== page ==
An ISP which was ordered by a court to stop illegal file-sharing on its network, says it simply can not. The Belgian ISP Scarlet says the court’s verdict is unworkable and after trying to slow traffic and also filter it, it says it’s not possible to stop the flow of illicit files since Audible Magic doesn’t work.
In mid-2007, after a battle with copyright group SABAM, a court in Belgium ruled that Internet Service Providers can be forced to block and/or filter copyright infringing files on P2P networks. Although most people familiar with the technical hurdles recognized that this was a massive if not impossible task, the judge in the case ruled that ISPs are indeed capable of blocking infringing content and gave Scarlet six months to comply.
Scarlet said right from the start that it believed that if it complied with the court order it would be breaking the law. The ISP claimed that Belgian law forbids it from spying on its customers so it lodged an appeal against the ruling, with managing director Gert Post saying: “This measure is nothing else than playing Big Brother on the Internet. If we don’t challenge it today, we leave the door open to permanent, and invisible and illegal, checks of personal data.”
Now, over a year later, Scarlet’s lawyers argued in court that the company simply cannot stop the flow of illicit files, which is a serious situation since the ISP has to pay compensation of 2,500 Euros for each day it fails to do so. According to a report, Scarlet has tried different techniques to try to comply with the ruling but has had no success.
First of all, Scarlet slowed down P2P traffic with the help of some Cisco technology. All this led to was complaints from the customers, and it did nothing to stop the availability of the illicit files. A lawyer for Scarlet, Christoph Preter said: “We have actually received complaints that P2P traffic was slower, but it remained possible. It is only a deterrent measure.”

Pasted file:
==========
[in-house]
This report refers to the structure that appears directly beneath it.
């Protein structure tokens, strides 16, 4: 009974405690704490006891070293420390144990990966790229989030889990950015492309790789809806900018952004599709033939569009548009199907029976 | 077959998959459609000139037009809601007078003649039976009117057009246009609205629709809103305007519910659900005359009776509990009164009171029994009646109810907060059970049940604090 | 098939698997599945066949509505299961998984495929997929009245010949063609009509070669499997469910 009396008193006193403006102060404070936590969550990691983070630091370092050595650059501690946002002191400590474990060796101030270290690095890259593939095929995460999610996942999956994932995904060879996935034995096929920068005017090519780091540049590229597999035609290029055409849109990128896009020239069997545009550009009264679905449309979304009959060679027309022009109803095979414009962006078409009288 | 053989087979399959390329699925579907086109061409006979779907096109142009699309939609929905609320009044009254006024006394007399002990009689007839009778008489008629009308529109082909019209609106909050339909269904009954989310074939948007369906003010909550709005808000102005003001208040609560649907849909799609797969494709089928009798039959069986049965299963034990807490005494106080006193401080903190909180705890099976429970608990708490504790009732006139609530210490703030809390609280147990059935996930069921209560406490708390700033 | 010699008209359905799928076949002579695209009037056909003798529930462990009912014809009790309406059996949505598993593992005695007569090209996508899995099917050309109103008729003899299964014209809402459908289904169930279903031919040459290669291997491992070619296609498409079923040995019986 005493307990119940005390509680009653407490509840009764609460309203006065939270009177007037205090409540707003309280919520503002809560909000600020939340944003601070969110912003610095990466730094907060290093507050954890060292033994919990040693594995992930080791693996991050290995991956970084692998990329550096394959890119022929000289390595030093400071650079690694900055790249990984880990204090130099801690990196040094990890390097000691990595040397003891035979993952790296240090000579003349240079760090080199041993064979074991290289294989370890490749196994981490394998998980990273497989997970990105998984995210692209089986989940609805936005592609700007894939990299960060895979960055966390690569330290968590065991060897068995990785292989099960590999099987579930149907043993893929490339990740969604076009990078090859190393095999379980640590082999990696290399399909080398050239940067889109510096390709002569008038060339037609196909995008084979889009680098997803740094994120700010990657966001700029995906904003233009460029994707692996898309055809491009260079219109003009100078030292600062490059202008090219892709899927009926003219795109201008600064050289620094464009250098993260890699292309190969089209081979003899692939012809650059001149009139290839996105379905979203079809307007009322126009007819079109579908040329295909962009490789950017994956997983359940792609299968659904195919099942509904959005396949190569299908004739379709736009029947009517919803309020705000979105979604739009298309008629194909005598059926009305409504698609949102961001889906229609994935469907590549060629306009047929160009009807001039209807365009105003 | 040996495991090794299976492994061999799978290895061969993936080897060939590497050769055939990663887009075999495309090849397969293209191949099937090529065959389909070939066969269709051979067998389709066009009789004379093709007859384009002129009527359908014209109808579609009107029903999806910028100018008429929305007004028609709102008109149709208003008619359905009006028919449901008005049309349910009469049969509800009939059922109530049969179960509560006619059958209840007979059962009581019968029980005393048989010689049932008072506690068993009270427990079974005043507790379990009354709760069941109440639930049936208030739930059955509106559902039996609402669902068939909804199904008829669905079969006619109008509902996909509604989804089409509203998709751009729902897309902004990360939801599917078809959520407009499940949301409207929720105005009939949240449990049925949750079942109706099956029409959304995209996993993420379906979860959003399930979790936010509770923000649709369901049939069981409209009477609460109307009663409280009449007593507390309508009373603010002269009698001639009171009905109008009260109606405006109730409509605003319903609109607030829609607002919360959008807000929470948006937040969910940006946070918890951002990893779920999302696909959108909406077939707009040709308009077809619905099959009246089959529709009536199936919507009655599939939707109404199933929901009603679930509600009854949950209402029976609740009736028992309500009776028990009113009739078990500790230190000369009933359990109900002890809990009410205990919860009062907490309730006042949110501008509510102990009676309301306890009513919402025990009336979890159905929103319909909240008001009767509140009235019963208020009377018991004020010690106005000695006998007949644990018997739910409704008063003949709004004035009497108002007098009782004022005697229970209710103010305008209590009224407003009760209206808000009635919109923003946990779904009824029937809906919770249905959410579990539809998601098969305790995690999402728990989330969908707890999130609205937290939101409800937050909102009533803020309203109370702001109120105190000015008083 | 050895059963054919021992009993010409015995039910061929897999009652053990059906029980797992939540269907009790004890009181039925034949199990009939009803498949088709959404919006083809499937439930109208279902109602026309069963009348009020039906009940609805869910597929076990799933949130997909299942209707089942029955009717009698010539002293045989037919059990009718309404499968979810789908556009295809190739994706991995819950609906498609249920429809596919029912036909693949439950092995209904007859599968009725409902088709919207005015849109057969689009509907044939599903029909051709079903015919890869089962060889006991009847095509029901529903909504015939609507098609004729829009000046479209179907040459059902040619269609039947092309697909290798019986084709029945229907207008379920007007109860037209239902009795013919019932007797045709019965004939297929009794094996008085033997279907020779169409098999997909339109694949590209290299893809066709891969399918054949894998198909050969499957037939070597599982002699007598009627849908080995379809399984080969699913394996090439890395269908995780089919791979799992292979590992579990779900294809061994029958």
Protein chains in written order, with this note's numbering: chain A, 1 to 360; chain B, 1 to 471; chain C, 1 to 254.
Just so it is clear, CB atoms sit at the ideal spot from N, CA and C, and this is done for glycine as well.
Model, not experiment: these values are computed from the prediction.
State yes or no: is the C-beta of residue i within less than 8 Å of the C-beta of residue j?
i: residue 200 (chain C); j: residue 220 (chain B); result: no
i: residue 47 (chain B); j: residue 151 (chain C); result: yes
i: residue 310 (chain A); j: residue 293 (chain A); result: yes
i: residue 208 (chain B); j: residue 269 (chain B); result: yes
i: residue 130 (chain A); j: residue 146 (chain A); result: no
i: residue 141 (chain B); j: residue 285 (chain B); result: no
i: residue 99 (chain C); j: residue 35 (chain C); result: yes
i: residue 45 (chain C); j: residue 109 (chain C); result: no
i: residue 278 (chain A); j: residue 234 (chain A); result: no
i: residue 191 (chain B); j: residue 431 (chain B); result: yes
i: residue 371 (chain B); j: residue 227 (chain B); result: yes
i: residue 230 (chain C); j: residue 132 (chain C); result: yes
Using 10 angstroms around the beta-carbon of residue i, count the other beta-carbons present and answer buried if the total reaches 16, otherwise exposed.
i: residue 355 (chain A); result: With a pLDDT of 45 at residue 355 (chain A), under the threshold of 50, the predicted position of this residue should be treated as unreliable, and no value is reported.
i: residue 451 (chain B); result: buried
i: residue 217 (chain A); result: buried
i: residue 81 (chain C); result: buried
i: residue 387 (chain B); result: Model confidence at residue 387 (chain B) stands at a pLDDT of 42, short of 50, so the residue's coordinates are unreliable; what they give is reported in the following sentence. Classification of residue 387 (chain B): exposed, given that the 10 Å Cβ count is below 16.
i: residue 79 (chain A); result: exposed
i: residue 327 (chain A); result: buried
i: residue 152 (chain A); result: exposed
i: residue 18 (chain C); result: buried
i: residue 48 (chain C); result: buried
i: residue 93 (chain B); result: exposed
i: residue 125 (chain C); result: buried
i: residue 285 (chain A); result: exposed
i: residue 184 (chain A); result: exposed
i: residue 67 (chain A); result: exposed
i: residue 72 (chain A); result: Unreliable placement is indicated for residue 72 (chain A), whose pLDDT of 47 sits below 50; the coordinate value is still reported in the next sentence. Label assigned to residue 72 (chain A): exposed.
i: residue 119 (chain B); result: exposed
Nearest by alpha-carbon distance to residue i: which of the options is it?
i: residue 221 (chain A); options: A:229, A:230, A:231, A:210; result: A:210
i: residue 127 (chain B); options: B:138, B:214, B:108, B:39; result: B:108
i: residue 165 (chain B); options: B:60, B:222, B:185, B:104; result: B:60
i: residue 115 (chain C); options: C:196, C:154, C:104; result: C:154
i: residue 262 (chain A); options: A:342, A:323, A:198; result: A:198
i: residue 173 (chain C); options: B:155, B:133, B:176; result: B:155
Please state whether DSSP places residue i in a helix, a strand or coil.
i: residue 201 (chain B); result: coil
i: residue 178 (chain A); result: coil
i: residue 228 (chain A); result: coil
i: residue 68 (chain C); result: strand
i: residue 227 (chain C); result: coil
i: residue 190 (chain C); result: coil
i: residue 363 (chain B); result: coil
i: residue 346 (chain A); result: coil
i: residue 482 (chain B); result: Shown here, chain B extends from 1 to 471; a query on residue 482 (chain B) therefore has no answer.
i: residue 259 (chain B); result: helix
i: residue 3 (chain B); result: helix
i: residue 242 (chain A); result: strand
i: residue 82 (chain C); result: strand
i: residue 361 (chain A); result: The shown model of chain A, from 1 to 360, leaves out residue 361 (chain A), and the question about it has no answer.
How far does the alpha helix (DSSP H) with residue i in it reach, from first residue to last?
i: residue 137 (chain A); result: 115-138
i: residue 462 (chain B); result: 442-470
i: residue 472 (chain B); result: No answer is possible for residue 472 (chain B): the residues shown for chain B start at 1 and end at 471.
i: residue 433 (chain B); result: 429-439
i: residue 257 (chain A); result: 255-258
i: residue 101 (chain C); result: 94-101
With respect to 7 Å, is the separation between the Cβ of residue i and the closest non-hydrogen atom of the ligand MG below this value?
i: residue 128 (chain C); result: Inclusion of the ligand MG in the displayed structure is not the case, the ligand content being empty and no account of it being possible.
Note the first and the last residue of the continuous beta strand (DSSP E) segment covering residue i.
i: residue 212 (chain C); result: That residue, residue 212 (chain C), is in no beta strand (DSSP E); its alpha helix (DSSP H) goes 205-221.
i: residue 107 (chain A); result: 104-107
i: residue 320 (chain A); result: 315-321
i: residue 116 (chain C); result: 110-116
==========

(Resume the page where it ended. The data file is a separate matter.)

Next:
The ISP quite rightly refused to block all P2P traffic, since it said it would be blocking legitimate traffic too. However, copyright group SABAM said this was not a valid excuse. “The argument put forward by Scarlet,” said SABAM’s lawyer, “is not about the impossibility of blocking, but about the consequences.” SABAM clearly doesn’t care who is affected, as long as it gets its way, stating that Scarlet simply hasn’t tried hard enough to comply with the court.
The second solution, the filtering of illicit files, was a solution put forward last year by SABAM itself. On the advice of an appointed P2P ‘expert’, the court ruled that Scarlet must use the content filtering technology offered by Audible Magic. However, Scarlet tried this system and it didn’t work when scanning for files on their network. During last year’s court case it was claimed that Audible Magic had experience with filtering in the US with Verizon and in Asia with another ISP. However, Scarlet made inquiries with Verizon about the partnership but was told that no such deal exists and Audible Magic refused to reveal who the Asian ISP is.
“We have misled the court,” said SABAM’s lawyer. “But SABAM followed the expert in the choice of Audible Magic, so we were acting in good faith.”
A ruling in the case is not expected until 2010.